1) Single site pilot,

2) Small scale, multi-site implementation trial,

3) Large scale, multi-region implementation trial, and

4) System-wide roll-out.

Researchers employ additional QUERI frameworks and tools, as highlighted in this Series, to enhance achievement of each project's quality improvement and implementation science goals.

Methods

In 2001, we began a series of inter-related studies on implementing evidence-based collaborative care for depression in VA primary care known by the acronyms TIDES (Translating Initiatives for Depression into Effective Solutions), WAVES (Well-being Among Veterans Enhancement Study), and COVES (Cost and Value of Evidence-based Solutions for Depression) for the initial studies, and ReTIDES (Regional TIDES) for the subsequent regional rollout (Table 2). Our VA-funded multi-site projects required a two-step approach to obtain necessary IRB approval. Because our projects represent collaboration among four regional health services research centers with Principal or Co-Principal Investigators at each of these sites, protocols had to be approved by their respective IRBs on the basis of Investigator involvement. Then each local Site Principal Investigator (PI) participating in the implementation research submitted the protocol to their IRB with our assistance. The sites we work with were either covered by their own resident VA IRB or an affiliated University IRB. We have submitted a combined total of more than 100 IRB applications, amendments, and renewals in the past six years for these four projects, and in doing so have interacted with six resident VA IRBs and seven contractually affiliated University IRBs across the United States.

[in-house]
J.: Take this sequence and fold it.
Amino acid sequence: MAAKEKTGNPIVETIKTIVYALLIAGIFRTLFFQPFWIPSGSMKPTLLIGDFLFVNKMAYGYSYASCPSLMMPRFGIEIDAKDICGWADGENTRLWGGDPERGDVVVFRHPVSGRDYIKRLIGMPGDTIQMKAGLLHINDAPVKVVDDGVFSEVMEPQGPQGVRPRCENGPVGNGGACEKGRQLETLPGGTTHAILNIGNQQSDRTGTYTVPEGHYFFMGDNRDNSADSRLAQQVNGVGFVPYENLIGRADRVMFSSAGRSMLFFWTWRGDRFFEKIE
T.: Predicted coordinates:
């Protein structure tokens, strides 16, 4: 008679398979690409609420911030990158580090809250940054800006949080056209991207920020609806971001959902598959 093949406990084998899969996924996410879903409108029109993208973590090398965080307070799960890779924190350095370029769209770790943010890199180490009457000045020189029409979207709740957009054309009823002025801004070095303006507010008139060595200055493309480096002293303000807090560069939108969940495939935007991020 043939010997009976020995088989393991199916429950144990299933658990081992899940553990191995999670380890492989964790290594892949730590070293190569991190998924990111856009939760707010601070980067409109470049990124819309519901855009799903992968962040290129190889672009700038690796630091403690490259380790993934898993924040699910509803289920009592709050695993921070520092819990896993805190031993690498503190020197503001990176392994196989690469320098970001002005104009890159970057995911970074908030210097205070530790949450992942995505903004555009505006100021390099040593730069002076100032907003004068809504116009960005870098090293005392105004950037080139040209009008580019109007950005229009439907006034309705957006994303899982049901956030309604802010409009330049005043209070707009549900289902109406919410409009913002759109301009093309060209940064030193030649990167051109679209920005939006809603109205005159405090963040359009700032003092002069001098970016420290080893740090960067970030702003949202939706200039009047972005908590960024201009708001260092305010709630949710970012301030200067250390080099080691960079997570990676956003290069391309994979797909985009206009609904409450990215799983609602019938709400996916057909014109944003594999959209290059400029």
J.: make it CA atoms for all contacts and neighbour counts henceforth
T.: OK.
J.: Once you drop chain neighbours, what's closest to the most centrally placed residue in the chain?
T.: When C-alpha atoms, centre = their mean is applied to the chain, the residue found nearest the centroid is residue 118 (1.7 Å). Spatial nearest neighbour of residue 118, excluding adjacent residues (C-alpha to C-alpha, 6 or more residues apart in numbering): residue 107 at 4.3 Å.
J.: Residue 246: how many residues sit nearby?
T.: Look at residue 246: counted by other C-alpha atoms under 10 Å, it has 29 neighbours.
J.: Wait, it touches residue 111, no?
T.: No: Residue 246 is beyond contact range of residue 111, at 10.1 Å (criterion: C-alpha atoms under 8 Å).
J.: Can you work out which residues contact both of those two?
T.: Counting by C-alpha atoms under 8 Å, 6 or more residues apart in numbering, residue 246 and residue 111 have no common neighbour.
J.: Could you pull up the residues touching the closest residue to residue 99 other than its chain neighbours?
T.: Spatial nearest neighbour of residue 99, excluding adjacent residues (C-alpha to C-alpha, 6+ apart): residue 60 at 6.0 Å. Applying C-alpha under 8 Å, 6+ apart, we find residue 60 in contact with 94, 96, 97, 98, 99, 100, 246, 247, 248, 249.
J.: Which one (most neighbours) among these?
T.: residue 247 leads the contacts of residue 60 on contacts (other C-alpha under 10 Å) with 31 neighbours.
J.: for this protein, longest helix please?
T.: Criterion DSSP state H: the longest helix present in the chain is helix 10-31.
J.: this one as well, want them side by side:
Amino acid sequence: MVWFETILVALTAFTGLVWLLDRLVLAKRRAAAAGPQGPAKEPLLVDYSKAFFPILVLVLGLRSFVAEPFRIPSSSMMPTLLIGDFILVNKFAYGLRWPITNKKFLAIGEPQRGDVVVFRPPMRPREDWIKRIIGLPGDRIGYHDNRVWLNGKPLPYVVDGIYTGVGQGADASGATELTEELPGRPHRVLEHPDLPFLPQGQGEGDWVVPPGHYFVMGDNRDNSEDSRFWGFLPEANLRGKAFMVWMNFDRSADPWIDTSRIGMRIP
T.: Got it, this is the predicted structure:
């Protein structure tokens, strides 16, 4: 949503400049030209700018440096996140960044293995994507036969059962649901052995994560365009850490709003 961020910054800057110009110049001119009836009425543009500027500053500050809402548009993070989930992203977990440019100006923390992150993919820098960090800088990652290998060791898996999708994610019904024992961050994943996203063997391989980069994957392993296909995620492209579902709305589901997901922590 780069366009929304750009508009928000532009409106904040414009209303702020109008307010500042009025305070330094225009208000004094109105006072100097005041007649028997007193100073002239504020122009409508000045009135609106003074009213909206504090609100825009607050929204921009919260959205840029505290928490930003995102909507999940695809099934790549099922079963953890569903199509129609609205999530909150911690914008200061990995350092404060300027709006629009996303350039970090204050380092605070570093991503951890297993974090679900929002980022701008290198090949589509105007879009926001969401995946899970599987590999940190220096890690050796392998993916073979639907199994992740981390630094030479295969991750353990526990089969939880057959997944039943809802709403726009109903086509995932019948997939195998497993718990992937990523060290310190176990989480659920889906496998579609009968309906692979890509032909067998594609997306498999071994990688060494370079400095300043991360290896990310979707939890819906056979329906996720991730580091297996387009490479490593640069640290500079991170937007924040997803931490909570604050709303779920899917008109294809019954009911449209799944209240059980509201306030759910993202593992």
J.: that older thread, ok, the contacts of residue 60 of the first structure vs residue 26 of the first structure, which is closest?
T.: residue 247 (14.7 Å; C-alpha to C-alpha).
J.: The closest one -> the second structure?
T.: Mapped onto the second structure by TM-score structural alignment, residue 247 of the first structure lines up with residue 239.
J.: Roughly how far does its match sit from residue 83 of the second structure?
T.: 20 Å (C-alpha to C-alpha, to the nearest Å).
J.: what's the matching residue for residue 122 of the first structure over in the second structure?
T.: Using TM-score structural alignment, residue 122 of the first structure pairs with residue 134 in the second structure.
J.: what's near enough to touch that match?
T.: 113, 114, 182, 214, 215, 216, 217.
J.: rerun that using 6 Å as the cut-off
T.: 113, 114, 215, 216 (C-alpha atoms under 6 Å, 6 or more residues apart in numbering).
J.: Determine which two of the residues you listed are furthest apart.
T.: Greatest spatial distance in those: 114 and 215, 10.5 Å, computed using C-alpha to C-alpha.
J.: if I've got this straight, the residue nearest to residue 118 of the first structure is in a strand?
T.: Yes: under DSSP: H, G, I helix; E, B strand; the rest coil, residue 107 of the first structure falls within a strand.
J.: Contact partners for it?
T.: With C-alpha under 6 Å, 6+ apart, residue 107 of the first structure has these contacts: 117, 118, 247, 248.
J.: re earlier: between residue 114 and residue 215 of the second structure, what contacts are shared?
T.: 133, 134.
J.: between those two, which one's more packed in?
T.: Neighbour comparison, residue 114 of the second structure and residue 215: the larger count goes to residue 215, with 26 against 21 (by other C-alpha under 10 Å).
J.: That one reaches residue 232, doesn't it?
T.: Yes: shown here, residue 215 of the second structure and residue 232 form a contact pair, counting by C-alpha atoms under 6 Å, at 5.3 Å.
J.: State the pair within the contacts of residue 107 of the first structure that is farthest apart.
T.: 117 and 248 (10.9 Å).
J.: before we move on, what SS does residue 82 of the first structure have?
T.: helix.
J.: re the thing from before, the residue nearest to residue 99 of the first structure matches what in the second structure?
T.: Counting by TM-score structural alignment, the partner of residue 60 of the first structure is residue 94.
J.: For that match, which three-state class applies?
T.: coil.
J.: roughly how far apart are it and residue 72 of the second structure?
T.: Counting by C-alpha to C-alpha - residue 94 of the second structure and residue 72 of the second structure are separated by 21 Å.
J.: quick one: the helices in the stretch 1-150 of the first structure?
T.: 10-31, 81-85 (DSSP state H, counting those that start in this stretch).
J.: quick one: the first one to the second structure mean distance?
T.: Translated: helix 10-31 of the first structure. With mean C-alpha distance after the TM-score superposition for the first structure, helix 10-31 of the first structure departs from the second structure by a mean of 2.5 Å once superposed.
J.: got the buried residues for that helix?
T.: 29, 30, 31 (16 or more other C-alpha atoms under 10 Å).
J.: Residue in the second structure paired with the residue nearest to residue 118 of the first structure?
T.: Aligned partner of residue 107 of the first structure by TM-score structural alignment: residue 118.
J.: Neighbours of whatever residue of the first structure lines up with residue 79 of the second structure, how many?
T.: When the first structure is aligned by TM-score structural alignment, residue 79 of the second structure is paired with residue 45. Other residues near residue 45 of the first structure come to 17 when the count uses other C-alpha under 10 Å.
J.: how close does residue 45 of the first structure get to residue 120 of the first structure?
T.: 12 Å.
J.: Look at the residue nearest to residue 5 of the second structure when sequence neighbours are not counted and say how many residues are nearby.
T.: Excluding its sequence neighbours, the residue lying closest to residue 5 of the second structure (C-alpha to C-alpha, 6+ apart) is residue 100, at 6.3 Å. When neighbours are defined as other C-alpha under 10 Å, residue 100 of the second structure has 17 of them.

Table 2

Description of our inter-related QUERI supported projects

Project

Type

Participants

Goals

TIDES

Action research partnership with formative evaluation

Primary care, mental health, nursing and administrative leaders from three regional veterans health networks;

Experienced depression care researchers; and

Depressed veterans.